During my first winter in Jeffersonville, Vermont–where a gradual 30-minute walk leads to a frozen wonderland of single- to multipitch ice routes–I’d bring the 25-liter Patagonia Black Hole pack. Though the small pack is designed for carrying a 15-inch laptop, gym gear and a bag lunch, I’d stuff it with a rope, ice tools, crampons, harness and rappel device and head out for solo climbing. I liked how the laptop pouch inside the pack doubled as an ice-tool sleeve, securely fastening the tools. I much preferred this system for my tools instead of somehow securing them on the outside of the pack (the Black Hole does not have straps to hold ice tools), where I risked dropping them.
Though I knew the Black Hole was not designed as an ice-climbing specific pack, I liked the simplicity of it. For lightweight solo outings it was all I needed, but it wasn’t big enough for general use.
The rock climbing-specific Patagonia Cragsmith 45 ($199; 3 lbs., 7 oz.) pack is a beefier, larger version of the Black Hole, and like the Black Hole it has a clean design. And it has many of the same features found in the smaller pack, including a DWR (durable water repellent) finish and internal sleeve, though in the case of the Cragsmith the sleeve is designed to hold a large water bladder. This is Patagonia’s largest pack, what they call “the gear dumpster.”
In terms of materials, the Black Hole and Cragsmith are different, and where the Blue Sign certified Black Hole is made of lighter 450-denier ripstop polyester with a film laminate, the Cragsmith is built with a heavier 630 denier that has a polyurethane coating. It also has a 200-denier nylon lining. Patagonia does not list the Cragsmith as Blue Sign certified, but it does offer a link to its supply chain.
Like other comparable climbing packs such as the 41L Metolius Crag Station ($129; 2 lbs., 10 oz.) and Black Diamond Stone 45 ($169; 3 lbs., 1 oz.), the Cragsmith has a streamlined design made with ballistic material. And where the Crag Station has a duffel-style opening and the Stone is top-loading, the Cragsmith allows both top-loading via a U-shape design and–thanks to a full zipper–back-panel loading.
Because the Cragsmith 45 is a general-use pack, it worked equally well when I jammed it full of camping items (sleeping bag, clothes), as it did for road trips to faraway crags where I used it for sport climbing, crack climbing, and mixed/dry cragging objectives. I liked how I could fill it with gear, plus insulated jackets and thermoses, and still have space for whatever small goods I could shove in from either the top or side before zipping it up. However, if the pack were nearly full, it wouldn’t fit a helmet (and trying to fit it in stressed the pack’s zipper). When that was the case, I strapped the helmet to the two external metal clips located on both sides of the pack.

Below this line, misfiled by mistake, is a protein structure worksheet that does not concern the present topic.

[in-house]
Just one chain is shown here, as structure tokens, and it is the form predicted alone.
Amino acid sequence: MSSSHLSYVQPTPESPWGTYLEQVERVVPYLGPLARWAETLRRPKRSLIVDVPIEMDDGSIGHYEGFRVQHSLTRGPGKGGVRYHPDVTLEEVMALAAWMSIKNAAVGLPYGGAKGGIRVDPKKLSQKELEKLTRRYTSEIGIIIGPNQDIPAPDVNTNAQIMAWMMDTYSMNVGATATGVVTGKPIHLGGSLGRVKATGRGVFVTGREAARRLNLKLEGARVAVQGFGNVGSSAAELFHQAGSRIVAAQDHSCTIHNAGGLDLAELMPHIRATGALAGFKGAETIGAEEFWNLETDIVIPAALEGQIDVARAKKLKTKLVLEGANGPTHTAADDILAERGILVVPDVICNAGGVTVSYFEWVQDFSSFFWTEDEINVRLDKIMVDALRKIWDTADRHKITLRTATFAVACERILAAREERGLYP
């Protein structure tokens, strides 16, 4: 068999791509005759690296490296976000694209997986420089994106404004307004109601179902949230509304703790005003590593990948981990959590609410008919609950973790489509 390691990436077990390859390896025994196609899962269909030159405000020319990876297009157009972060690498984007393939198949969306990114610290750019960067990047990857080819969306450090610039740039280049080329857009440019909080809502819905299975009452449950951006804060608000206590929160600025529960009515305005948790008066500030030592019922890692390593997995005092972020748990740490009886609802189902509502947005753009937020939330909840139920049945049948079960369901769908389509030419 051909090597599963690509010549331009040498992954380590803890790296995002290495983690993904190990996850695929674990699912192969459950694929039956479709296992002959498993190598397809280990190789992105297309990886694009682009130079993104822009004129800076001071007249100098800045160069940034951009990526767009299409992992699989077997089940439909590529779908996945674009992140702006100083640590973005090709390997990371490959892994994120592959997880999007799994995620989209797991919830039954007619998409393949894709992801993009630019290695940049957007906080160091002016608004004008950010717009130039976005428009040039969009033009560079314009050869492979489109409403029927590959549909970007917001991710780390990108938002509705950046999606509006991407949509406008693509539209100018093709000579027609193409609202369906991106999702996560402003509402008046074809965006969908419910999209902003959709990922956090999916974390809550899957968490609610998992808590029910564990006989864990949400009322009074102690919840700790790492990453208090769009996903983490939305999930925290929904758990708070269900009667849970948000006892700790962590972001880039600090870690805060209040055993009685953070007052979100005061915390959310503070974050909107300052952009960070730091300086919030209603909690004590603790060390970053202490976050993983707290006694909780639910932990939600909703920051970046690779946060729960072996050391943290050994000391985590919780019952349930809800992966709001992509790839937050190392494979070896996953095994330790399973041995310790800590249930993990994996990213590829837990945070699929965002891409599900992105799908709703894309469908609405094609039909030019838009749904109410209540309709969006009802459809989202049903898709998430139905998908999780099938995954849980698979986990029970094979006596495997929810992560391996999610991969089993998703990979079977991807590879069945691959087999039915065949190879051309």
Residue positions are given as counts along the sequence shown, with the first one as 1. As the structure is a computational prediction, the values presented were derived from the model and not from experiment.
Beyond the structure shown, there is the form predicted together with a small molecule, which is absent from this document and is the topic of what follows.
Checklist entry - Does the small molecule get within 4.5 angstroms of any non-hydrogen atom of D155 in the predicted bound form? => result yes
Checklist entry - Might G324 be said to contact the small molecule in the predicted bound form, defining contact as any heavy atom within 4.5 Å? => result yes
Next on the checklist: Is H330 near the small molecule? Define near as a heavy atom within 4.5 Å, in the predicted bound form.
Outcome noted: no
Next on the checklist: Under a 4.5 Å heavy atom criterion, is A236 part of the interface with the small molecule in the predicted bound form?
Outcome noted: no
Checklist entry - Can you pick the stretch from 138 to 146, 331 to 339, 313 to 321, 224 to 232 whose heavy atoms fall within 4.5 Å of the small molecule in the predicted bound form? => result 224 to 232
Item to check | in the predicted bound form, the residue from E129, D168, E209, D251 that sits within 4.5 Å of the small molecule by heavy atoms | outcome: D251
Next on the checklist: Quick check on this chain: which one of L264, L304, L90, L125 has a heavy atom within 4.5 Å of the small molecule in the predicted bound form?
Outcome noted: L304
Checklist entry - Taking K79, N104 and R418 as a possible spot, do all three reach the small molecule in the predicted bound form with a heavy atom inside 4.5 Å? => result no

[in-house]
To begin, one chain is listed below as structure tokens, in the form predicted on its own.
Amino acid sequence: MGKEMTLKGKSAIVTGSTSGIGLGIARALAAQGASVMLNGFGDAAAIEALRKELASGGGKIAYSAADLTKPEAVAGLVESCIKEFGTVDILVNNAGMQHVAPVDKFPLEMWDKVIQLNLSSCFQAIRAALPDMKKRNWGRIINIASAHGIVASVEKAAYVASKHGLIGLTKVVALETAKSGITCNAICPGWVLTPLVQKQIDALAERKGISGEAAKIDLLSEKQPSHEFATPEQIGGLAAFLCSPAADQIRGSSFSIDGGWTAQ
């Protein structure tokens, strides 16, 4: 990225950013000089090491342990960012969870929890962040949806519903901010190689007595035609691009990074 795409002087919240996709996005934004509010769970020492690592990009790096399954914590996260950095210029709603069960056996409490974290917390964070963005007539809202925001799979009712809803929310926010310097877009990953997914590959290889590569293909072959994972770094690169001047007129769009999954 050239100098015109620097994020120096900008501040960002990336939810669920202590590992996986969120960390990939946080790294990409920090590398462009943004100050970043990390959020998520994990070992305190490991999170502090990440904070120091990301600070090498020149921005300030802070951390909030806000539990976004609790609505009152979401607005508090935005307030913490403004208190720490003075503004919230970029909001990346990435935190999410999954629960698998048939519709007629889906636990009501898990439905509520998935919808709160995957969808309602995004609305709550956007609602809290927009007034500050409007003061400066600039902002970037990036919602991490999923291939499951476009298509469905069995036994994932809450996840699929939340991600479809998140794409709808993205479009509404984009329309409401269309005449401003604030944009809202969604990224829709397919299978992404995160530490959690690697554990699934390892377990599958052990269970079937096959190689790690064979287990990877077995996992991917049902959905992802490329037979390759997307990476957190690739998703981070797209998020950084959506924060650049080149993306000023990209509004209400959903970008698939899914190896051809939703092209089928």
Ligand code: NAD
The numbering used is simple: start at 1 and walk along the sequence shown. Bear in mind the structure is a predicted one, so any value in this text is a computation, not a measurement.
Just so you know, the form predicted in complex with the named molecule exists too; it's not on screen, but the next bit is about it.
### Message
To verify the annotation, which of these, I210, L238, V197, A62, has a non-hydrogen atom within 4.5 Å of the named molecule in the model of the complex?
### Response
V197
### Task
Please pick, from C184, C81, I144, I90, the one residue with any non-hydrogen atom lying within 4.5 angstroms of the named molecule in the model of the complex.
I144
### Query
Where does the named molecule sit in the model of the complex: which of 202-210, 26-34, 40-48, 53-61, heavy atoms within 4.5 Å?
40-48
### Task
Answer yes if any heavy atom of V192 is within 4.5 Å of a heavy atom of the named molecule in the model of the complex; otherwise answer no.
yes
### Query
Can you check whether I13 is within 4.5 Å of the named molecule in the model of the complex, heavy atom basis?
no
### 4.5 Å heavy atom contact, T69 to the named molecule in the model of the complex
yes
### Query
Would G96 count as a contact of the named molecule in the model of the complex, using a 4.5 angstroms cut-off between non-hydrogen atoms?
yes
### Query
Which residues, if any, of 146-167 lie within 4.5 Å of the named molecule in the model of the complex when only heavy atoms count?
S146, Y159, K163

Packing it up for rock climbing was a standard affair–it fits a 70-meter 10mm lead rope and personal items, or it fits a whole rack with space for miscellaneous items.
For winter cragging, to take care not to put holes in it, I wrapped the crampons on the bottom of my boots with potato sacks, and other times I clipped these boots to the outside of the pack. As with the Black Hole, I used the internal sleeve for ice tools. This is not standard practice, but I liked how it removed the chance of accidently losing a tool during the hike in and out (I’ve seen this happen twice over the years).
Over nine months of testing, I carried the Cragsmith from the sandstone splitters in Utah’s San Rafael Swell and Indian Creek, to the faces and cracks of Eldorado and Boulder Canyons in Colorado, to the mixed/drytooling terrain in Vail and Rocky Mountain National Park. During all that time the zippers never froze up (though they did snag on other soft goods within the pack), and the outer material held up without getting holes or scratches. Today the pack is dusty but otherwise still looks new.
There were a few small things that I didn’t like. When I put on the pack, my shirtsleeve would get caught in the water-bladder nozzle holder on the right shoulder strap. I found this feature (the nozzle holder) a nuisance, so I wrapped the obtrusive piece of plastic with tape to keep it out of the way. I also didn’t find the waist-belt pocket (on only the right side of the belt) useful. It fit car keys and a compact energy bar but very often the pocket would hang up on my hip and fold the waist belt back between my spine and the pack. This hang-up caused me to stop and pull the waist belt out before putting the pack on all the way. (Maybe I should get better at putting packs on.)
Thanks to ample padding on the shoulder straps and waist belt, the pack comfortably carried loads even when weighed down with 40 to 50 pounds.
Additional features include two external handles at the top of the pack and one handle on the bottom to make it easy to grab and pull out of a truck bed. It also has two internal webbing straps (single-loop daisy chains) inside the pack, and two external stretch-woven side pockets, one on each side, great for carrying guidebooks and water bottles. The lid in the pack’s brain is big enough to hold belay specs, knife, phone and a guidebook.
Available in Dolomite Blue and Black, and in two sizes: small/medium, large/extra-large.
Chris Van Leuven is the former digital editor for Alpinist. He is currently living on the road and working on a book.
Access to inside by both top and back panel
Water-bladder nozzle holder easily gets caught up in shirtsleeve
Waist-belt pocket gets in the way